SUSU President’s Open Letter to UoS Vice Chancellor

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Following an All Student vote where 95% of students voted for exams to be moved online, SUSU President Ben Dolbear writes an Open Letter to the University’s Vice Chancellor, Mark E. Smith, to change the University’s position on disregarding its student voice.

You can read the Open Letter below:

 

Dear Mark,
I hope you are well. As you know, we have had robust discussions around the way in which the University assesses its students this month, given the surge of the Omicron variant. The number of Southampton students self-isolating has, in recent weeks, risen to well over triple figures. As the student who launched our successful petition on in-person exams says, “[w]ith case rates as high as they are, infections in the exam hall are not only likely but inevitable; this will endanger vulnerable students, add additional pressure to the NHS during an already strained time, and prevent people from learning as effectively at the start of the second semester. This requirement also endangers members of University staff who invigilate and organise the exams, who are potentially exposed to infection”. Not only this, but
the number of students having to miss their examinations due to self-isolation is likely to be disruptively high. As such, we are expecting the University to receive a surge of special considerations requests, appeals, and calls for no-detriment mitigations, all of which will require significant resource from the University in coming months.

As you know, this petition reached the threshold of 250 student supporters in under ten minutes and, when put to an All-Student Vote, garnered over 7,000 votes, 95% of which were in favour of moving January exams online. Students have given me the clearest of mandates to lobby the University to change the way they assess students in January, and it has therefore come as no surprise to me that students are deeply disappointed and distressed that the University has not conceded that a change of approach might now be appropriate. This is despite repeated assurances from the University that if the Covid situation were to change dramatically, the method of assessment could be reviewed. I have valued playing a role in our conversations of the past few days, but I think that it is regrettable that we stand as a stark outlier among our Russell Group colleagues in not recognising the real and perceived risks that students are feeling in relation to in-person examinations.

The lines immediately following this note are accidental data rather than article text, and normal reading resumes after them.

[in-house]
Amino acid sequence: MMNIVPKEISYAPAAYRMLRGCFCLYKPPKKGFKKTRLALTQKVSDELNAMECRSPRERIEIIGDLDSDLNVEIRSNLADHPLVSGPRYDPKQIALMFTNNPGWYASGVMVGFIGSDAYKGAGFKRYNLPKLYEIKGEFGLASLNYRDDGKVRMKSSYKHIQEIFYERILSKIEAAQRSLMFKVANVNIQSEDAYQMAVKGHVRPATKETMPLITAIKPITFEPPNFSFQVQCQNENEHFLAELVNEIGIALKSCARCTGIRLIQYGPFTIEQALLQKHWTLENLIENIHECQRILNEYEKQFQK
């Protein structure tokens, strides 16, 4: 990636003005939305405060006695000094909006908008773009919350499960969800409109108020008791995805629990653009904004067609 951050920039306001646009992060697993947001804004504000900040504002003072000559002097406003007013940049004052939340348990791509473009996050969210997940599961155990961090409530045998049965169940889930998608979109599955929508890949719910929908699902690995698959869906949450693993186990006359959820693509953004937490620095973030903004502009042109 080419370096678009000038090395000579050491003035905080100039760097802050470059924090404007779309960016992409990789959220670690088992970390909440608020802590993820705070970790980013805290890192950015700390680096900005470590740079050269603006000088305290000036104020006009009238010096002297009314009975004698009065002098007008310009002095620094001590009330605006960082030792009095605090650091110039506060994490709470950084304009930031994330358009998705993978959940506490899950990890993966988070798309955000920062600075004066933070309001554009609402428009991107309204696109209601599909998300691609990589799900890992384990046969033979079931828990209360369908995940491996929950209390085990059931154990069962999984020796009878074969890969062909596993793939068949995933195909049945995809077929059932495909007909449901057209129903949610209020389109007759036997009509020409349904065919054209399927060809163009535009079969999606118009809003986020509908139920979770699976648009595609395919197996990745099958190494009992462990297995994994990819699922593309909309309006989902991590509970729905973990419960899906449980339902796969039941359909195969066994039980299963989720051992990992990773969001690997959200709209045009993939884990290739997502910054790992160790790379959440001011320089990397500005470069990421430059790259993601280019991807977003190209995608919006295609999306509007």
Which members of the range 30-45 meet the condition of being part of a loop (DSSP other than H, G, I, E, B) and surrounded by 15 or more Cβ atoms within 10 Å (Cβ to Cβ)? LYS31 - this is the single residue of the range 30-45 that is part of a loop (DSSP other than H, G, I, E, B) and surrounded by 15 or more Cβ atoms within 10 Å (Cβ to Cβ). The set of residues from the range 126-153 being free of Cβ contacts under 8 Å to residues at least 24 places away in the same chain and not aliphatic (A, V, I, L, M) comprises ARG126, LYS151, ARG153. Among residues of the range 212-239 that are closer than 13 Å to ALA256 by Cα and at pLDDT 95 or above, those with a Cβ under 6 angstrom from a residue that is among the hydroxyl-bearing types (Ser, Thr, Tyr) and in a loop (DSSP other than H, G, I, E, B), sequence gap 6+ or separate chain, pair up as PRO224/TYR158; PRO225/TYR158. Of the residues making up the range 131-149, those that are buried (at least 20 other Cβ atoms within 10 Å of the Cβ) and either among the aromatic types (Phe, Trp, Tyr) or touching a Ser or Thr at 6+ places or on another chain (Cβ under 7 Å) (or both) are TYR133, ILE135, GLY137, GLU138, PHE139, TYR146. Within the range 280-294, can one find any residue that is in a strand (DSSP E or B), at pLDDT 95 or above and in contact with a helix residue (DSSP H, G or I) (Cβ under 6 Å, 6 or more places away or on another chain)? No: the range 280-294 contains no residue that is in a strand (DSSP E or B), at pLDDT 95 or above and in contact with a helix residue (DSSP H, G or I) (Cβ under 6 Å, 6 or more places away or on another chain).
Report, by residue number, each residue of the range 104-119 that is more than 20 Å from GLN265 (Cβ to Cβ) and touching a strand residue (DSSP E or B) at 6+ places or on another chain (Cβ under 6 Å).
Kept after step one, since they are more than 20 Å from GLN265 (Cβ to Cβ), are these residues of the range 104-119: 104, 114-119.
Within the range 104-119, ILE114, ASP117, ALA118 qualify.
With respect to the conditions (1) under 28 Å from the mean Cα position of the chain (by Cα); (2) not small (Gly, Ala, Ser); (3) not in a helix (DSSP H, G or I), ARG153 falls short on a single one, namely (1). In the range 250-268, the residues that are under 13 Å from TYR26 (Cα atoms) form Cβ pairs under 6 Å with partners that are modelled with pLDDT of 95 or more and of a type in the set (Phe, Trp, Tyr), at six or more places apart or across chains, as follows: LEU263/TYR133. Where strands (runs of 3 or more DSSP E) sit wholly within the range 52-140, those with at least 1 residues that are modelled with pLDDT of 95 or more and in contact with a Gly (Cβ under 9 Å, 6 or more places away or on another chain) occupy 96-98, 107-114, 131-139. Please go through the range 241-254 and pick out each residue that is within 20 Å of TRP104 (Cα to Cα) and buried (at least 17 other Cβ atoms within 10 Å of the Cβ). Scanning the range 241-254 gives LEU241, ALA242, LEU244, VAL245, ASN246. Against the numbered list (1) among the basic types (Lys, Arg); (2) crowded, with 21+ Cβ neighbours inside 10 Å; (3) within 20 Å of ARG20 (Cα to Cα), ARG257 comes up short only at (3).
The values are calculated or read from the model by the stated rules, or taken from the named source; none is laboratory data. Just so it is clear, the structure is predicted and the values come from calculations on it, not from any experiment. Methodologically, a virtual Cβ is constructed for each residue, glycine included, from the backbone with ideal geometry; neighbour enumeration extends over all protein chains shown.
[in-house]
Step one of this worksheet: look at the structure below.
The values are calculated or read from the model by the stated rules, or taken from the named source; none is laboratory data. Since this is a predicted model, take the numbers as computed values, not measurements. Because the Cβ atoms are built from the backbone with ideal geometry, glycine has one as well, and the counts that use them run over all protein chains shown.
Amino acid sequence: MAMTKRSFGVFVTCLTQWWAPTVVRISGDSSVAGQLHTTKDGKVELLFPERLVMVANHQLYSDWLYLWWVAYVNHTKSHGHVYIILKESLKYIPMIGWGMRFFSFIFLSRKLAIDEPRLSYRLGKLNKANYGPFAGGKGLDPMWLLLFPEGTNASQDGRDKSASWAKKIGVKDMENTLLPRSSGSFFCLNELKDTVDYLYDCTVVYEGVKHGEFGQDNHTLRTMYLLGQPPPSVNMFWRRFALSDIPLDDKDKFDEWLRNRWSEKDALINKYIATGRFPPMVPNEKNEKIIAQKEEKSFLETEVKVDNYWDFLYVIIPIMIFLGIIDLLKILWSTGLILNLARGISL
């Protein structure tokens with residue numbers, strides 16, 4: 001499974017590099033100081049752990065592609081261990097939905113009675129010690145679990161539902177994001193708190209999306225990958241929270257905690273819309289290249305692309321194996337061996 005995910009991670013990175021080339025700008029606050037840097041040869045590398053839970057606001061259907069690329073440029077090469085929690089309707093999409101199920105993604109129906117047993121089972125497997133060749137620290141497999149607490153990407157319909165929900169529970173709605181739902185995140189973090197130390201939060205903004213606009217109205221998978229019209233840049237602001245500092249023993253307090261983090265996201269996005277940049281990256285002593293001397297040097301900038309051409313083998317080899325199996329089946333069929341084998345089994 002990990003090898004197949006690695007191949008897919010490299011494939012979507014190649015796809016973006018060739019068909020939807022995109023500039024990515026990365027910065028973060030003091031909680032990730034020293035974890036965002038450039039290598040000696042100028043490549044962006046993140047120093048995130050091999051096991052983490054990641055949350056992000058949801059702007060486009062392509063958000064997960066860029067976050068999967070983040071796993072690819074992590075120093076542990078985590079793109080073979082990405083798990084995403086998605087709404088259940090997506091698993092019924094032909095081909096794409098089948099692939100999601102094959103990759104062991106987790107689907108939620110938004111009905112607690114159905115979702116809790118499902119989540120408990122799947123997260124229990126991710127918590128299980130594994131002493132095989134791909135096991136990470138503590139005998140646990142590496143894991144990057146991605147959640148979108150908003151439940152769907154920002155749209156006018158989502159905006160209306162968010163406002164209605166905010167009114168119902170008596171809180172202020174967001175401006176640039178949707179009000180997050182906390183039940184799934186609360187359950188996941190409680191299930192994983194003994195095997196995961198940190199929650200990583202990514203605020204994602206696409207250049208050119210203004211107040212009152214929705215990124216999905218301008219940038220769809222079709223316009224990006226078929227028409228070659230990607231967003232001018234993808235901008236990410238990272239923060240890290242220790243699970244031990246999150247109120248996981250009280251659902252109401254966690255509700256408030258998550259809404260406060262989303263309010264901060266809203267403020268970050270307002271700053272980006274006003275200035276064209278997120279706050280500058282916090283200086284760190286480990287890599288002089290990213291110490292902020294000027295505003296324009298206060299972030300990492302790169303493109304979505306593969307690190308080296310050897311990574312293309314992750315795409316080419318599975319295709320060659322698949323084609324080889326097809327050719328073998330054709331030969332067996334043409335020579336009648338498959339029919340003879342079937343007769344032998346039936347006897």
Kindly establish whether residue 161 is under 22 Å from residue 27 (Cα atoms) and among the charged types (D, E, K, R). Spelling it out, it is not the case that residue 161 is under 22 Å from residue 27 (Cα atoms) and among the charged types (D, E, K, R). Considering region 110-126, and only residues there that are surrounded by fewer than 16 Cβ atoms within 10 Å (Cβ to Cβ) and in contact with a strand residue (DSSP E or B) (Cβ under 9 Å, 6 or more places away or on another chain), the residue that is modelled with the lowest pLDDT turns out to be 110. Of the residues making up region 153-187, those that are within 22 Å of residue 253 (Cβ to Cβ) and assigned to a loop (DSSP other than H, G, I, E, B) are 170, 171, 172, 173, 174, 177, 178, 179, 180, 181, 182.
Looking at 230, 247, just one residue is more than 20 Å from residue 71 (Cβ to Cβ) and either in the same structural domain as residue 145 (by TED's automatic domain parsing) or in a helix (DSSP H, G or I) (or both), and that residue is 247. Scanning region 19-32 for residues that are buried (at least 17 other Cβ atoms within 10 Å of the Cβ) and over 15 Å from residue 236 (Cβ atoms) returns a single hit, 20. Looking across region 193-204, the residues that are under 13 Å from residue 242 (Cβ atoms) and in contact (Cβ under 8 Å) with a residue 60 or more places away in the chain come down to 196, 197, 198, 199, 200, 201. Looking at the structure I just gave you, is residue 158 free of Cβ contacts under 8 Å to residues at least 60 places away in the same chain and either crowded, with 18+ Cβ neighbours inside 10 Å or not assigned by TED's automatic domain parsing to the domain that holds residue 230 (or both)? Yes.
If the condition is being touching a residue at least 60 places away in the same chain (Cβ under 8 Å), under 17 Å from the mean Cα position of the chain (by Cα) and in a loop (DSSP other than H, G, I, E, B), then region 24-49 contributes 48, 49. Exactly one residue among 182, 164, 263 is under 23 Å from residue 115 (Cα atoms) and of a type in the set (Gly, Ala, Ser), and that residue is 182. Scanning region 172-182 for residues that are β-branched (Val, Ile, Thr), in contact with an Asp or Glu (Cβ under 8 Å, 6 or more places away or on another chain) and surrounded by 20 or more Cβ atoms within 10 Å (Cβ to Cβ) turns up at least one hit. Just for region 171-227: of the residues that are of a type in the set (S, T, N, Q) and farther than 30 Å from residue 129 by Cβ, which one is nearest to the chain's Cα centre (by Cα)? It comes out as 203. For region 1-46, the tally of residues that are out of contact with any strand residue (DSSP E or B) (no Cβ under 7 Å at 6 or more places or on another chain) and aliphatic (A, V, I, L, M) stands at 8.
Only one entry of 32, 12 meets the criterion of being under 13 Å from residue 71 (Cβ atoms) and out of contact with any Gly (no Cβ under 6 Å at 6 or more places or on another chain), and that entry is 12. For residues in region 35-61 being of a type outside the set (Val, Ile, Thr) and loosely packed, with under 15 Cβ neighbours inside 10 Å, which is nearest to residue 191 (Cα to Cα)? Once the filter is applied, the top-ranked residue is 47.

In addition, a number of our student members have been in contact with one of our local MPs, Dr Alan Whitehead, who has provided us with the following statement: “I have been contacted by a number of students and their representatives who are worried about the policy of having exams in person this January. With cases of Covid-19 as high as they are right now this decision will mean that many students are not able to sit exams if they are isolating and those that can will be at greater risk of contracting the virus. I am worried about the wellbeing of Southampton students in light of this decision and I understand that a vote has been taken with the majority asking for exams to be moved online. I was impressed at the turnout of this vote having been once involved in student votes myself and I think it shows the strength of feeling on this issue. I would urge the decision makers at University of Southampton to think again about moving to in person exams at what is the height of covid-19 cases. I understand we are all eager to get back to some semblance of normality but I think this move is being made at the wrong time.”

I very much hope that the University is able to recognise the strength of feeling among the student community, and agrees to the necessary change to January assessments that I am requesting on their behalf.
Yours sincerely,

Ben Dolbear
President of the University of Southampton Students’ Union

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